Decline and development paths – the state of the mining sector in the world

According to the consulting company McKinsey & Company, mining activities account for approximately 4-7% of global greenhouse gas emissions. Parts of the mining industry are starting to reduce their use of fossil fuels, partly due to pressure from customers who want more sustainable ways of working. An example is the steelworks of the mining company Vale S.A. on the Indonesian island of Sulawesi, powered by electricity from three dams. In Chile, the mining sector is powered by solar power plants – for producing copper and lithium, it consumes most of the country’s electricity needs.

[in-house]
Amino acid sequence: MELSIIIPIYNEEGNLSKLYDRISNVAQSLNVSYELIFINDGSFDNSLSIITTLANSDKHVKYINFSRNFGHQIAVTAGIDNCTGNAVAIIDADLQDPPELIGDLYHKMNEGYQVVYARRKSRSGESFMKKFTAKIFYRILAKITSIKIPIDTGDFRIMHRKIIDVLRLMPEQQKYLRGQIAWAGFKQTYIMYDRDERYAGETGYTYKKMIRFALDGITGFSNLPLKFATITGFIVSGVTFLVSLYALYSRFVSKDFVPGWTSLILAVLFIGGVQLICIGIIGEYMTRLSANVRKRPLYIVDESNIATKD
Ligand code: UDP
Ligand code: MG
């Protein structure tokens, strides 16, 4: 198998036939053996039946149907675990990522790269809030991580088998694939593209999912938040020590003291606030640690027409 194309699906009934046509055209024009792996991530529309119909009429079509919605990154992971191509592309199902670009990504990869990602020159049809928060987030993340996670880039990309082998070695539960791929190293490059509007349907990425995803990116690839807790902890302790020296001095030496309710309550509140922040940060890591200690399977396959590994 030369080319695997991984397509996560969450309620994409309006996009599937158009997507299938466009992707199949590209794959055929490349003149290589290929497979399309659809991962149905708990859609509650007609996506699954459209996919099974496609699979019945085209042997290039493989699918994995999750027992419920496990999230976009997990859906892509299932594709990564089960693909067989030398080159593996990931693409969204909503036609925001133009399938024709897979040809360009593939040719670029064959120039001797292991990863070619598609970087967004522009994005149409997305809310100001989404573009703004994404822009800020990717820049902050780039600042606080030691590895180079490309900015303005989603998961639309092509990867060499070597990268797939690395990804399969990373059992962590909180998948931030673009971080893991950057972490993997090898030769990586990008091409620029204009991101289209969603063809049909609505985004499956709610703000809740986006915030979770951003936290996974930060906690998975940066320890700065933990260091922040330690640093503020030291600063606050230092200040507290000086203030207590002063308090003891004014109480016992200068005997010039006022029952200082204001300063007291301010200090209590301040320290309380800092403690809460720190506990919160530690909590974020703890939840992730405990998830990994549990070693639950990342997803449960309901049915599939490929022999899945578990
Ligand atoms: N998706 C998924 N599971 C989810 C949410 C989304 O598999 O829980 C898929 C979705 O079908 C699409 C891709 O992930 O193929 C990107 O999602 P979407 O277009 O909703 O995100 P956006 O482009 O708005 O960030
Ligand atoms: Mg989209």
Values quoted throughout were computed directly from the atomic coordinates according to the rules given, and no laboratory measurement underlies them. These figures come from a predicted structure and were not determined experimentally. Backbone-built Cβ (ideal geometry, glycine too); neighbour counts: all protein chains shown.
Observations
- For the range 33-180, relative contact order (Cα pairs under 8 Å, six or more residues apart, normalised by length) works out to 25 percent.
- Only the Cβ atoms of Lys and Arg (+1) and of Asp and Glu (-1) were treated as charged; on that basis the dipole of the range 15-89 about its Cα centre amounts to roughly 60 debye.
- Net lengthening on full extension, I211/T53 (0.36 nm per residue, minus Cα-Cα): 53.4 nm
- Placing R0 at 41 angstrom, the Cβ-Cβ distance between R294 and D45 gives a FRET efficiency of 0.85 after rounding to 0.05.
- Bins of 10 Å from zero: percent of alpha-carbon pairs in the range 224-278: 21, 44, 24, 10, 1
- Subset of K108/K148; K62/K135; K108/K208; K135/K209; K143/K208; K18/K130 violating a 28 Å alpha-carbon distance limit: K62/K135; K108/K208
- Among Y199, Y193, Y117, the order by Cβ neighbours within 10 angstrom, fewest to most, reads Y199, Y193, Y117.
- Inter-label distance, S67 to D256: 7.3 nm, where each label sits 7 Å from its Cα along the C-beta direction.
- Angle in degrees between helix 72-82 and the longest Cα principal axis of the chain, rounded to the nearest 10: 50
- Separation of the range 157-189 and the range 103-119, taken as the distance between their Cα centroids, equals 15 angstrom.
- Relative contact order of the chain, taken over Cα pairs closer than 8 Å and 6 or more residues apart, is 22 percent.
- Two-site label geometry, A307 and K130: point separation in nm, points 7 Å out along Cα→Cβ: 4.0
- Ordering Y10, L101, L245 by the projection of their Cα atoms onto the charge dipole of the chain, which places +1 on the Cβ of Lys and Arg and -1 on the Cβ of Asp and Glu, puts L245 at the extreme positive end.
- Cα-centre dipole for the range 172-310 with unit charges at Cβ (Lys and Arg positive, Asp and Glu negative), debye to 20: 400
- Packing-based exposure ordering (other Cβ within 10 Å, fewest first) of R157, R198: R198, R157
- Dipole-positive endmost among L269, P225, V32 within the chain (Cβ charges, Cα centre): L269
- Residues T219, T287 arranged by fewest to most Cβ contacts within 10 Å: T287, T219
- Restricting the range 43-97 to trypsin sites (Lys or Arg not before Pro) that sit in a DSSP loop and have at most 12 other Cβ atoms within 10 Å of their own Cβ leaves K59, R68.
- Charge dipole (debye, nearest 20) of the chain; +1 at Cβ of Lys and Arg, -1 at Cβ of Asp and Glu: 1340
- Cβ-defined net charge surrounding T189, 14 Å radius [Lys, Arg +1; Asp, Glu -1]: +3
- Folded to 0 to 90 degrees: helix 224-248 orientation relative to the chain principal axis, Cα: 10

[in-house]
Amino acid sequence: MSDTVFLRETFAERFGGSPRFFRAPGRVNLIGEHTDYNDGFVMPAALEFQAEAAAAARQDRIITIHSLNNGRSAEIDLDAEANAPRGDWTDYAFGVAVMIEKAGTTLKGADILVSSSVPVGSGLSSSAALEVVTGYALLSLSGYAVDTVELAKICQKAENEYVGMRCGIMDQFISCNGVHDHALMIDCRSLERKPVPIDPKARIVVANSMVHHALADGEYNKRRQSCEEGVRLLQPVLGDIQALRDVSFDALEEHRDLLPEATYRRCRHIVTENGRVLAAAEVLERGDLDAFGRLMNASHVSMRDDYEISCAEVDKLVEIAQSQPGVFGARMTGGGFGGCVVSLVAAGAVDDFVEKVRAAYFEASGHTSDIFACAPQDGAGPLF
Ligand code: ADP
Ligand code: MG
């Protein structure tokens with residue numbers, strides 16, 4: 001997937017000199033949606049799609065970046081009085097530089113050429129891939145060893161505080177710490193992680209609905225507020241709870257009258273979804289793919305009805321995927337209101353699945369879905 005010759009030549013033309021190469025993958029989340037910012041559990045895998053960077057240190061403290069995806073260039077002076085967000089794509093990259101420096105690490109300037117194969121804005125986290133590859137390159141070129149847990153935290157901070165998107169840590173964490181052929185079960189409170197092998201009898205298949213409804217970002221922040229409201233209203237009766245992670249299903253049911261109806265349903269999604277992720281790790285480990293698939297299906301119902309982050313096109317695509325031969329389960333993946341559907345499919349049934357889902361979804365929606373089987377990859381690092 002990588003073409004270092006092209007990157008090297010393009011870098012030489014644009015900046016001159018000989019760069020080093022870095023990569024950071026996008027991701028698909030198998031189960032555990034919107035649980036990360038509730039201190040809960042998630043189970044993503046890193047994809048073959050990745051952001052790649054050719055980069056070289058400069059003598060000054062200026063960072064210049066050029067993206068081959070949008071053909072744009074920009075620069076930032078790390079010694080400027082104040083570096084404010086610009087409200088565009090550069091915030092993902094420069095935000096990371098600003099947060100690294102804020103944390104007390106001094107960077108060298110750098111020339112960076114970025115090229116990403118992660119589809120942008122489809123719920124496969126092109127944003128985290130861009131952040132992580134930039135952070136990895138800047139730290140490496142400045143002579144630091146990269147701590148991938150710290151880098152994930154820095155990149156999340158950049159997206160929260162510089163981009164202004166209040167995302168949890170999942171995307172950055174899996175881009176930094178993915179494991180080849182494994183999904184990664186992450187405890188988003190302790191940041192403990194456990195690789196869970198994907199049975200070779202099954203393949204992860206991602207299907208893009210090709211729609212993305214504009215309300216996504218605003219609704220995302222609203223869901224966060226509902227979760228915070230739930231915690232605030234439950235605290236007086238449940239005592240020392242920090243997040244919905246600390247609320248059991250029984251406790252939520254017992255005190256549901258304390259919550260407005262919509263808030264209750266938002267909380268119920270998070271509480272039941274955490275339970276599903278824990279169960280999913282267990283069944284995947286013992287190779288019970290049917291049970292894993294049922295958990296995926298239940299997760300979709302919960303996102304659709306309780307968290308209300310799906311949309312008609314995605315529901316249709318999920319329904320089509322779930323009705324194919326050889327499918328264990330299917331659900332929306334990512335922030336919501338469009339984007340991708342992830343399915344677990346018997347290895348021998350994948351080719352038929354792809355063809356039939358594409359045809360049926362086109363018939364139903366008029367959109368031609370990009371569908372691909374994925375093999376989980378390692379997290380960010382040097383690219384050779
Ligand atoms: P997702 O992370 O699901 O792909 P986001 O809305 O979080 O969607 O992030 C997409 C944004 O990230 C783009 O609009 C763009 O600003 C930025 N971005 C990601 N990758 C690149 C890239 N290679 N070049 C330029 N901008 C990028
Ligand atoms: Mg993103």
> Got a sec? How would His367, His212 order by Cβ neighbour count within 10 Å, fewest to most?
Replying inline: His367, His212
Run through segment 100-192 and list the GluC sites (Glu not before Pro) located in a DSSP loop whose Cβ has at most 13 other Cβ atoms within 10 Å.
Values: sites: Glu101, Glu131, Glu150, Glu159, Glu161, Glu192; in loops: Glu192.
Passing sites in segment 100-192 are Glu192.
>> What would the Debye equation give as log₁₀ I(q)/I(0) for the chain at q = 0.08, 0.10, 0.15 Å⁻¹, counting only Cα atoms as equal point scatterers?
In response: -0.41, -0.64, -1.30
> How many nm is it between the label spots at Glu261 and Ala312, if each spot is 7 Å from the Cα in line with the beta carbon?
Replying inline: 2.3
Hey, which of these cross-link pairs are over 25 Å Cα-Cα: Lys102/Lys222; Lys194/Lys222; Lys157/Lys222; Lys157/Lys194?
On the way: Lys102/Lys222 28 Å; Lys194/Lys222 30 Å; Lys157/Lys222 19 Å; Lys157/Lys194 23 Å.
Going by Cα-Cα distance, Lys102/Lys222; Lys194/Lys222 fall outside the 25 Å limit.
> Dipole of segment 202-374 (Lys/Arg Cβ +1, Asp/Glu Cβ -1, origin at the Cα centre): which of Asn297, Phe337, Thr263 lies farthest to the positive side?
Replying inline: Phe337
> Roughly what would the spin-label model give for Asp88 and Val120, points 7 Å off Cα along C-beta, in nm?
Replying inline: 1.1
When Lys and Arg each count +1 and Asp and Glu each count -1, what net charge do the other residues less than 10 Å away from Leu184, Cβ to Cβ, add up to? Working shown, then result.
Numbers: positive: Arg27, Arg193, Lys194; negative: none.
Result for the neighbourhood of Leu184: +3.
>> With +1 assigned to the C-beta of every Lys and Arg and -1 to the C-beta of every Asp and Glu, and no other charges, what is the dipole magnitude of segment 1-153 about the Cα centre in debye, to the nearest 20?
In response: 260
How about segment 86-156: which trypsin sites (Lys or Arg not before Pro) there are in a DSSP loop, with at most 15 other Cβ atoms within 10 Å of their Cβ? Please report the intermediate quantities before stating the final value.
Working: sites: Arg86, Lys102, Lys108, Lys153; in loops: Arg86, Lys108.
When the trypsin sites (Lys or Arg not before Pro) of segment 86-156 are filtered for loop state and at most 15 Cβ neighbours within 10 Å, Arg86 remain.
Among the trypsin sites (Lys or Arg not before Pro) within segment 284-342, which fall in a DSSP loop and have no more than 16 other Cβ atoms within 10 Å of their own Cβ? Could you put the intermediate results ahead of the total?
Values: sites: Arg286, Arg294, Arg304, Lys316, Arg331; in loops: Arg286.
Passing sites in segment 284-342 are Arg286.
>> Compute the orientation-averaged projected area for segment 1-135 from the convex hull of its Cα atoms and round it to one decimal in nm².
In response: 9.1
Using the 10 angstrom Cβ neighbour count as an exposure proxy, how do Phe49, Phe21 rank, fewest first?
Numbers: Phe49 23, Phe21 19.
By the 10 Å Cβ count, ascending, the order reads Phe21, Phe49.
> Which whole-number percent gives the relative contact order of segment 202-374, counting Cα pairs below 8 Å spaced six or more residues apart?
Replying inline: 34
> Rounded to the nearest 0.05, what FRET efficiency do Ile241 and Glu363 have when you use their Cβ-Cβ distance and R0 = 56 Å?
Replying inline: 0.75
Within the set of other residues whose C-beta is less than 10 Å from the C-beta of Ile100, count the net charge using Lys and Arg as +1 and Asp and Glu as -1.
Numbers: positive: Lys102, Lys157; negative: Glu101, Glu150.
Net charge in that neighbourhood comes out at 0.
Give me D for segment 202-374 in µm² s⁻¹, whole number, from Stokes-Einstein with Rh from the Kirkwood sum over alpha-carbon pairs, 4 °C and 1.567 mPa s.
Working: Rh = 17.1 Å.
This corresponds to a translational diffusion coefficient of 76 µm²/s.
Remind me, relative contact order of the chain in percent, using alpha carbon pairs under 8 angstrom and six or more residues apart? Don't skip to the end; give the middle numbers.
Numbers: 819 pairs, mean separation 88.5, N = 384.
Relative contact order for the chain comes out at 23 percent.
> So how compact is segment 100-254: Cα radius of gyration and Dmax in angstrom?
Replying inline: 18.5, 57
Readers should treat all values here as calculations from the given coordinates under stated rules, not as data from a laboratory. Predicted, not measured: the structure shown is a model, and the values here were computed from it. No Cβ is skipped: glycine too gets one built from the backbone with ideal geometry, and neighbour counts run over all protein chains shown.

Bulgarian miners are blocking roads and highways, protesting against the government, which has submitted its participation in the Just Transition Plan to the European Commission. Bulgaria expects EUR 1.8 billion from the EU, enabling ecological transformation in coal mining regions without losing jobs. At the same time, coal-fired power plants in Bulgaria are to be phased out by 2038.

According to a report by PwC, the mining industry’s profits in South Africa in 2023 have decreased by USD 5.2 billion, i.e. by almost half. It is due to lower prices of raw materials, interruptions in national electricity supplies and restrictions in rail transport. Without further investment, South Africa’s iron ore mining industry may survive for only 13 more years, and some gold mines that compete with mines in Ghana and South America may survive for less than 30 years. An opportunity for the sector is to switch to the extraction of metals and minerals needed for renewable energy: copper, nickel, lithium and cobalt.

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